- On May 11, 1987, the Inter-American Commission on Human Rights received the following complaint:
- In a note of May 19, 1987, the Commission transmitted the pertinent parts of the complaint to the Government of the Republic of Peru, with a request for any relevant information, but failed to receive a reply within the statutory period.
- The request for information was reiterated through notes sent to the Government on January 19, 1988, June 7, 1988, February 22, 1989, and September 8, 1989, which referred to the possibility of applying Article 42 of the Regulations of the Commission. No reply was received to those notes either.
According to reports, Angel Francisco Perez Ali, a 22-year-old student at the School of Computer Science of the University of San Marcos, Lima, was detained by the police following incidents in the vicinity of that university and two other universities in Lima. His whereabouts have been unknown since his detention on February 27, 1987. His "disappearance" has been reported to the Attorney General and to the General Prosecutor for local human rights organizations.
In mid-February 1987, a large-scale police operation was mounted at the universities of San Marcos, Engineering, and la Cantuta, on the pretext of searching for members of terrorist organizations. About 4,000 policemen took part in the operation, which resulted in the detention of about 800 people and the death of a guard at one of the universities. It is alleged that some of the detainees were tortured when subjected to interrogation in Bocanegra, which is a ranch of the Peruvian Investigations Police, located on the outskirts of Lima. The large majority of the detainees have been released, but 34 people charged with terrorism are still in detention.
There is also concern regarding the fate of Dionisia Huamani Tineo and Humberto Orosco, members of the rural community of Huhuapuquio, in Cangallo, Department of Ayacucho, who were detained by army forces on April 12, 1987. Their whereabouts are unknown, and their detention has been denied. Writs of habeas corpus have been filed in their names, and the Ayacucho Farmers Federation has expressed its concern to the commander of the political-military post of the area.
- That in resolution AG/RES. 666 (XIII-O/83) the General Assembly declared that "the practice of forced disappearance of persons in the Americas is an affront to the conscience of the hemisphere and constitutes a crime against humanity."
- That the period established in Article 34, paragraph 5, of the Regulations of the Commission has elapsed without the Government of Peru having responded to the request for information made by the IACHR in the notes referred to in the background section of this report, so that it may be presumed that there are not any remedies under domestic jurisdiction to be exhausted (Article 46 of the American Convention), in light of the adversarial procedure established in that Convention.
- That Article 42 of the Regulations of the Commission reads:
- That Article 1, paragraph 1, of the American Convention on Human Rights reads:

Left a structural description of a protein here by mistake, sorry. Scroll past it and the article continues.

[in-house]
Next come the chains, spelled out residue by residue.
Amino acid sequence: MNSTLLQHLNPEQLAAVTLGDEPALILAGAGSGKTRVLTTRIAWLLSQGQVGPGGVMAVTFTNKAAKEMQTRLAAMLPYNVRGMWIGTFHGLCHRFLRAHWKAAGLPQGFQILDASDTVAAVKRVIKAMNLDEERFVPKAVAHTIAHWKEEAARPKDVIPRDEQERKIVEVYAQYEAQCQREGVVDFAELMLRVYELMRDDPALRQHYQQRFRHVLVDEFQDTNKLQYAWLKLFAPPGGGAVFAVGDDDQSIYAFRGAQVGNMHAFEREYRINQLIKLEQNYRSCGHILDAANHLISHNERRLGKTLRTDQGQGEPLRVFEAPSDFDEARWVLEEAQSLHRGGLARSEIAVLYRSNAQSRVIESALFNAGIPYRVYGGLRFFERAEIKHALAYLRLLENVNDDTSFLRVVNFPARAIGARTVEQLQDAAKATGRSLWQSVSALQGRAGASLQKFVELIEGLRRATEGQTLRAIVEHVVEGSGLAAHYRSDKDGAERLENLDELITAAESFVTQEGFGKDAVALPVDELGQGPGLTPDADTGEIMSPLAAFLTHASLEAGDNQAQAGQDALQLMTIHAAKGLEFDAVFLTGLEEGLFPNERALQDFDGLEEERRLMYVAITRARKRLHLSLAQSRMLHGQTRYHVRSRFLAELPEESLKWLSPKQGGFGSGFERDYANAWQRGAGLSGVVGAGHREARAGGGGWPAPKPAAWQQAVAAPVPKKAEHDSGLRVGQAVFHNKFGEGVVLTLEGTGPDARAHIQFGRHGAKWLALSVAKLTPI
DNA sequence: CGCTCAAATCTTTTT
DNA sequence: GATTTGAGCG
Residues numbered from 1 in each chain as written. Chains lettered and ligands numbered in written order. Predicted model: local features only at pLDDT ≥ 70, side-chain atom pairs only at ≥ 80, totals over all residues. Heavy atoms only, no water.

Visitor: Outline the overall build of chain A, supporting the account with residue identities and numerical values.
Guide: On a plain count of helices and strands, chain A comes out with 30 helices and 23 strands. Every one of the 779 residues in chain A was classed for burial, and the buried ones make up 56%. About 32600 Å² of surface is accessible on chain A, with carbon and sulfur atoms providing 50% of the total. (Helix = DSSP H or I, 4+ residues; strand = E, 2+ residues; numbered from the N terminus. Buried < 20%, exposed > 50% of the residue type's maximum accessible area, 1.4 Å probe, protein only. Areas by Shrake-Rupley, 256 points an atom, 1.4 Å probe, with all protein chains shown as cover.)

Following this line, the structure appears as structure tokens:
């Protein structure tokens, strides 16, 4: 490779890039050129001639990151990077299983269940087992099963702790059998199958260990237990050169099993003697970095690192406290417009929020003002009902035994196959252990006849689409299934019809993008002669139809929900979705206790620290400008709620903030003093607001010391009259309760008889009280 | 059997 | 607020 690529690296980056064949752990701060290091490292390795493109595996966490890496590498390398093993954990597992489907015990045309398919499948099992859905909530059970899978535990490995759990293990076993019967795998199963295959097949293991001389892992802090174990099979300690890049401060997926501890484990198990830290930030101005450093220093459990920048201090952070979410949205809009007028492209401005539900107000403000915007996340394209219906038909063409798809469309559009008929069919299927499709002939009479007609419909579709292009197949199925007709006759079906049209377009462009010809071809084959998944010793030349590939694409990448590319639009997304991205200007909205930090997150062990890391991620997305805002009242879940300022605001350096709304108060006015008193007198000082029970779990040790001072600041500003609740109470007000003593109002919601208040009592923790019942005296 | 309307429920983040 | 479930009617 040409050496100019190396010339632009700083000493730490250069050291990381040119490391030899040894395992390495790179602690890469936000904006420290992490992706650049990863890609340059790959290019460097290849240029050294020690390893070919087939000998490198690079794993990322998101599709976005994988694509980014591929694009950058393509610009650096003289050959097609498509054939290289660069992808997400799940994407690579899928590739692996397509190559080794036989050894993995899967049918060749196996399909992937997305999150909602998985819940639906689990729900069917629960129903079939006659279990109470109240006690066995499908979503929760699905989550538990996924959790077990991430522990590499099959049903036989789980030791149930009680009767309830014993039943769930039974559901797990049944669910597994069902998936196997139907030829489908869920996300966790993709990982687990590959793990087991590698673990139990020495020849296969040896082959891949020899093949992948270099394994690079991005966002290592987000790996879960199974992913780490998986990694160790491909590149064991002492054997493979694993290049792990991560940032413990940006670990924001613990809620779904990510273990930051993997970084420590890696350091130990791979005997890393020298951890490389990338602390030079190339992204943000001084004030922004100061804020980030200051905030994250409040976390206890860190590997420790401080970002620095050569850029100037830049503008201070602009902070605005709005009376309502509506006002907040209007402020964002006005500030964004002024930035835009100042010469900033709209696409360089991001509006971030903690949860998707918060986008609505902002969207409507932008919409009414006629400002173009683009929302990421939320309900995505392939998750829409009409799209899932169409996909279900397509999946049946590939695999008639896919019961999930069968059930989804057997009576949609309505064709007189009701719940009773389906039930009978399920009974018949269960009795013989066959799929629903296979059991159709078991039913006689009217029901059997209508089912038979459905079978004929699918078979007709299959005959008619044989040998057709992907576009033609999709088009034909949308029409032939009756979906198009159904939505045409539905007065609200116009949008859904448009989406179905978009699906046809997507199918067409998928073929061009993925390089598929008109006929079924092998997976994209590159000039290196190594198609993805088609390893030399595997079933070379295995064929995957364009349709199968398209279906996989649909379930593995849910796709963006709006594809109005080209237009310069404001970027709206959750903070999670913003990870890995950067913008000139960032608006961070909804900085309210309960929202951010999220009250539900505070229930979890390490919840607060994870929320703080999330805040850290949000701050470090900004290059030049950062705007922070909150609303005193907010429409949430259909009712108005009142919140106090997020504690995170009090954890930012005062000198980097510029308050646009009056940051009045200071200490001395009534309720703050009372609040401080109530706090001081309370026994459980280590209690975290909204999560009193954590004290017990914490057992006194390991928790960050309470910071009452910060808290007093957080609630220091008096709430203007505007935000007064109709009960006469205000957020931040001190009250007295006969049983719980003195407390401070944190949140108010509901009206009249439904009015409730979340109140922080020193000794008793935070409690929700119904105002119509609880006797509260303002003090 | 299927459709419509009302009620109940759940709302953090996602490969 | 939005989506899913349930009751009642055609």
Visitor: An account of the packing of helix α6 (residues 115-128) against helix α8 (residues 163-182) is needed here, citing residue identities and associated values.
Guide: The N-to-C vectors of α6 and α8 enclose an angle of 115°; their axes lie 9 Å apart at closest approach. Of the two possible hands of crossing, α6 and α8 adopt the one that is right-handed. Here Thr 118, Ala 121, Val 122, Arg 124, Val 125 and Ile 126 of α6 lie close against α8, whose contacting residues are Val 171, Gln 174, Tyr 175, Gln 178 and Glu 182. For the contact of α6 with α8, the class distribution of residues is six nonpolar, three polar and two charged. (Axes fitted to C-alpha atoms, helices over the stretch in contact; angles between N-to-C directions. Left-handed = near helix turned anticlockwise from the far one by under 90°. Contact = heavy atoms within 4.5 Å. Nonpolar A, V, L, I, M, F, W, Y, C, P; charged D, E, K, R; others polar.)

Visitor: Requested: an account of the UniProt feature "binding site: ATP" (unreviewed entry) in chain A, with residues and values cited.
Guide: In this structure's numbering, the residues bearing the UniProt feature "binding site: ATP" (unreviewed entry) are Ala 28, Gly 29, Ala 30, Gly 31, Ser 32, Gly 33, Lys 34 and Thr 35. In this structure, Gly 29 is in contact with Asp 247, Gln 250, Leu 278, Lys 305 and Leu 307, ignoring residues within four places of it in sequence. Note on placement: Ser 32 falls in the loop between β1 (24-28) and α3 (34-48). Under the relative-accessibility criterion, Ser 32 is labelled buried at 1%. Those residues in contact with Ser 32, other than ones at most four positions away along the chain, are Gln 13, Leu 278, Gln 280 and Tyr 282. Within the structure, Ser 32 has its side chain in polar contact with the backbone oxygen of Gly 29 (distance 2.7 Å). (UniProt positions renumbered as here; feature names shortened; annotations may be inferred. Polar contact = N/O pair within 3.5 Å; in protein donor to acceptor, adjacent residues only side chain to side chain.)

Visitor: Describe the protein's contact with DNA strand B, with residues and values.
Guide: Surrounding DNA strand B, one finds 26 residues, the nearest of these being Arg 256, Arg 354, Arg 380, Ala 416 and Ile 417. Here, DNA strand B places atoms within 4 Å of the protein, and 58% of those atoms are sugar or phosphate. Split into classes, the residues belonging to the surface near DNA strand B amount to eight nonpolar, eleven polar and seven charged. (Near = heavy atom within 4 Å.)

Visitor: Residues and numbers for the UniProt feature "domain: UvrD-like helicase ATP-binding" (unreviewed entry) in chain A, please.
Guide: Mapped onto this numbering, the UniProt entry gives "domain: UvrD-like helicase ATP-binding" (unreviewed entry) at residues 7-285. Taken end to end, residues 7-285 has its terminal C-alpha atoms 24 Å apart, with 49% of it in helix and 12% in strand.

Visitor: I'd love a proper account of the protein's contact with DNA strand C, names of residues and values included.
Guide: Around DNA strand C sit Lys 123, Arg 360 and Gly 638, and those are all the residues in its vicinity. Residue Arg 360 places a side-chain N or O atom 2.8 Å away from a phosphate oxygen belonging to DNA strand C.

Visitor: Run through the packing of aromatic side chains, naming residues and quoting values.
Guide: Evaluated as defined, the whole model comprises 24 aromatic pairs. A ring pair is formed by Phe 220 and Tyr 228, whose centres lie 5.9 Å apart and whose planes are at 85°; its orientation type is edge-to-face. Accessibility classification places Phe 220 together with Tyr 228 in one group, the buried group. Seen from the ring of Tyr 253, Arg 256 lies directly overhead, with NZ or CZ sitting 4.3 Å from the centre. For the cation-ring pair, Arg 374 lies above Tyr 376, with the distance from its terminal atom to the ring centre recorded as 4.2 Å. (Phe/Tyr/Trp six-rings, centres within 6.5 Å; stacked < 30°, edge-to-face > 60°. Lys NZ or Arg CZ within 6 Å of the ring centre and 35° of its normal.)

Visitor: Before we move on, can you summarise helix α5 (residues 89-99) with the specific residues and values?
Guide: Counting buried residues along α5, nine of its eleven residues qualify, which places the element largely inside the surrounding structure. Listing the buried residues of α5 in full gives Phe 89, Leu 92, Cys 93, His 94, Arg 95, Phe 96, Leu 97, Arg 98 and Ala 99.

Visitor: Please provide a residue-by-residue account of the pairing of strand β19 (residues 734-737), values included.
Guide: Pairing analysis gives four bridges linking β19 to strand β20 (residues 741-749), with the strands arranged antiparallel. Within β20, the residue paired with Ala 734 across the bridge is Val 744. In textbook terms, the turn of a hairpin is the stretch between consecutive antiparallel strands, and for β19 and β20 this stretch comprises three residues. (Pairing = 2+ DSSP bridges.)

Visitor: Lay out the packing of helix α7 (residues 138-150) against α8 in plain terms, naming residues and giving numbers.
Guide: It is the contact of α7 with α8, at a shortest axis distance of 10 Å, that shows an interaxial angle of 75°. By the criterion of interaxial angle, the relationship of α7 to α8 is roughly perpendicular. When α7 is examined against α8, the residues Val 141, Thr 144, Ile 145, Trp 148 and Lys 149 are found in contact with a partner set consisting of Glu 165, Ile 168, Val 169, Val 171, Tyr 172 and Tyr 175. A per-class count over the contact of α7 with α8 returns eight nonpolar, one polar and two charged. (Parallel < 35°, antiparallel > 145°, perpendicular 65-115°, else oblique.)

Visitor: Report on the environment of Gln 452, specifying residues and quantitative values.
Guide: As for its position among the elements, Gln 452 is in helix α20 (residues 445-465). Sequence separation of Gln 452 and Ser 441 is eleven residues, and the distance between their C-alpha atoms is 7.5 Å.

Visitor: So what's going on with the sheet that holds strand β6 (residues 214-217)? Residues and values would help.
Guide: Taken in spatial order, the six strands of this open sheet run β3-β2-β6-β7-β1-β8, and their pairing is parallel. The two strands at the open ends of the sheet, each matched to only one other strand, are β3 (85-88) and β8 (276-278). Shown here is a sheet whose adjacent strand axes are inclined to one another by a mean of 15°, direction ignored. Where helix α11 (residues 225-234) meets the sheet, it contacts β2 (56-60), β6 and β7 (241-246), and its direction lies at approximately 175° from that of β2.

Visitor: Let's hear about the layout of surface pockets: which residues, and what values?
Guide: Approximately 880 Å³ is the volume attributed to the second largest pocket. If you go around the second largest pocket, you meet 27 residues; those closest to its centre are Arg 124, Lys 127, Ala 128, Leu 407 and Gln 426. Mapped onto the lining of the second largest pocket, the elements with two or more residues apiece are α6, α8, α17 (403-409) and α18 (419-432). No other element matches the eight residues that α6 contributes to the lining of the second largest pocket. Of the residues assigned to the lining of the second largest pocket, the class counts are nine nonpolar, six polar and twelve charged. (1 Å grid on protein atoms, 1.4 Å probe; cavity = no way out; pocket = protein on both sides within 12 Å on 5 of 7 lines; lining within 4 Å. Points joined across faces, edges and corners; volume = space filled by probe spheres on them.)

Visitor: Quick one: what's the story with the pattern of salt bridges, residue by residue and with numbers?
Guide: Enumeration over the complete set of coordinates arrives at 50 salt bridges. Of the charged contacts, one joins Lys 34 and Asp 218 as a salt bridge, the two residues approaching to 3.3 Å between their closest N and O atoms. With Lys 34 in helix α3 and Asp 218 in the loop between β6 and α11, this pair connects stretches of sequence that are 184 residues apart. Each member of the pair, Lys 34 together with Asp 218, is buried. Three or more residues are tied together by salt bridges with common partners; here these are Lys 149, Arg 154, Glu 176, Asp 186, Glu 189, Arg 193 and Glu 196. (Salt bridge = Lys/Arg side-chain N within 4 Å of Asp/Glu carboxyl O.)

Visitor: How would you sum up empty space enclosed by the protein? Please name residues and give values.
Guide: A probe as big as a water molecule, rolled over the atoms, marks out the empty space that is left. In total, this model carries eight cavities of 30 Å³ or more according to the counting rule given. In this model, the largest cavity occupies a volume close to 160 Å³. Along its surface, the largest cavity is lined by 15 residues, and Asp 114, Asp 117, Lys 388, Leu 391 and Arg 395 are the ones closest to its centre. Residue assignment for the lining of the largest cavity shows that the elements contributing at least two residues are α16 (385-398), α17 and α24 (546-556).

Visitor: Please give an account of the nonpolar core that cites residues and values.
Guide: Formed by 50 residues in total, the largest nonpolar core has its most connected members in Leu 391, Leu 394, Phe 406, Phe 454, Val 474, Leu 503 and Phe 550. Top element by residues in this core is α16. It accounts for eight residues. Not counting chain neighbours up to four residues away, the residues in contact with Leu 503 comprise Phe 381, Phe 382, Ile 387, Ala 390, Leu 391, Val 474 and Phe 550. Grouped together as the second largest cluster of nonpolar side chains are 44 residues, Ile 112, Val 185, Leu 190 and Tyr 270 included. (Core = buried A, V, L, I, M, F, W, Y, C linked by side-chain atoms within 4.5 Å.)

- The States Parties to this Convention undertake to respect the rights and freedoms recognized herein and to ensure to all persons subject to their jurisdiction the free and full exercise of those rights and freedoms, without any discrimination for reasons of race, color, sex, language, religion, political or other opinion, national or social origin, economic status, birth, or any other social condition.
- That the Republic of Peru is a State Party to the American Convention on Human Rights and has ratified the binding jurisdiction of the Inter-American Court of Human Rights.
The facts reported in the petition whose pertinent parts have been transmitted to the government of the State in reference if, during the maximum period set by the Commission under the provisions of Article 34, paragraph 5, the government has not provided the pertinent information, as long as other evidence does not lead to a different conclusion.
Article 1. Obligation to Respect Rights
Therefore, in view of the related background and the considerations as well as of the fact that the Commission does not have any other evidence that would lead it to a different conclusion, based on Article 42 of its Regulations,
THE INTER-AMERICAN COMMISSION ON HUMAN RIGHTS,
- To presume to be true the facts denounced in the communication of May 11, 1987, on the arbitrary detention by Peruvian government agents and the subsequent disappearance of Angel Francisco Perez Ali, on February 27, 1987, in Lima, and Dionisia Huamani Tineo and Humberto Orosco, on April 12, 1987, in Cangallo, Department of Ayacucho.
- To declare that that act constitutes a serious violation by the Peruvian state of the rights to life, humane treatment, personal liberty and a fair trial (Articles 4, 5, 7, and 8, respectively, of the American Convention on Human Rights).
- To recommend to the Government of Peru that it conduct the most exhaustive investigation possible of the acts denounced in order to identify those who are directly or indirectly responsible so that they may receive the corresponding legal penalties and that it inform the Commission of its decision and the measures taken, within a maximum period of 60 days.
- To recommend to the Government of Peru that it adopt the measures established under national law to indemnify the families of the victims.
- To transmit this report to the Government of the Republic of Peru and to the petitioners.
- If, within the period set in operative paragraph 3 of this report, the Government of Peru has not presented observations, the Commission shall include this report in its Annual Report to the General Assembly, in accordance with Article 48 of the Regulations of the Commission.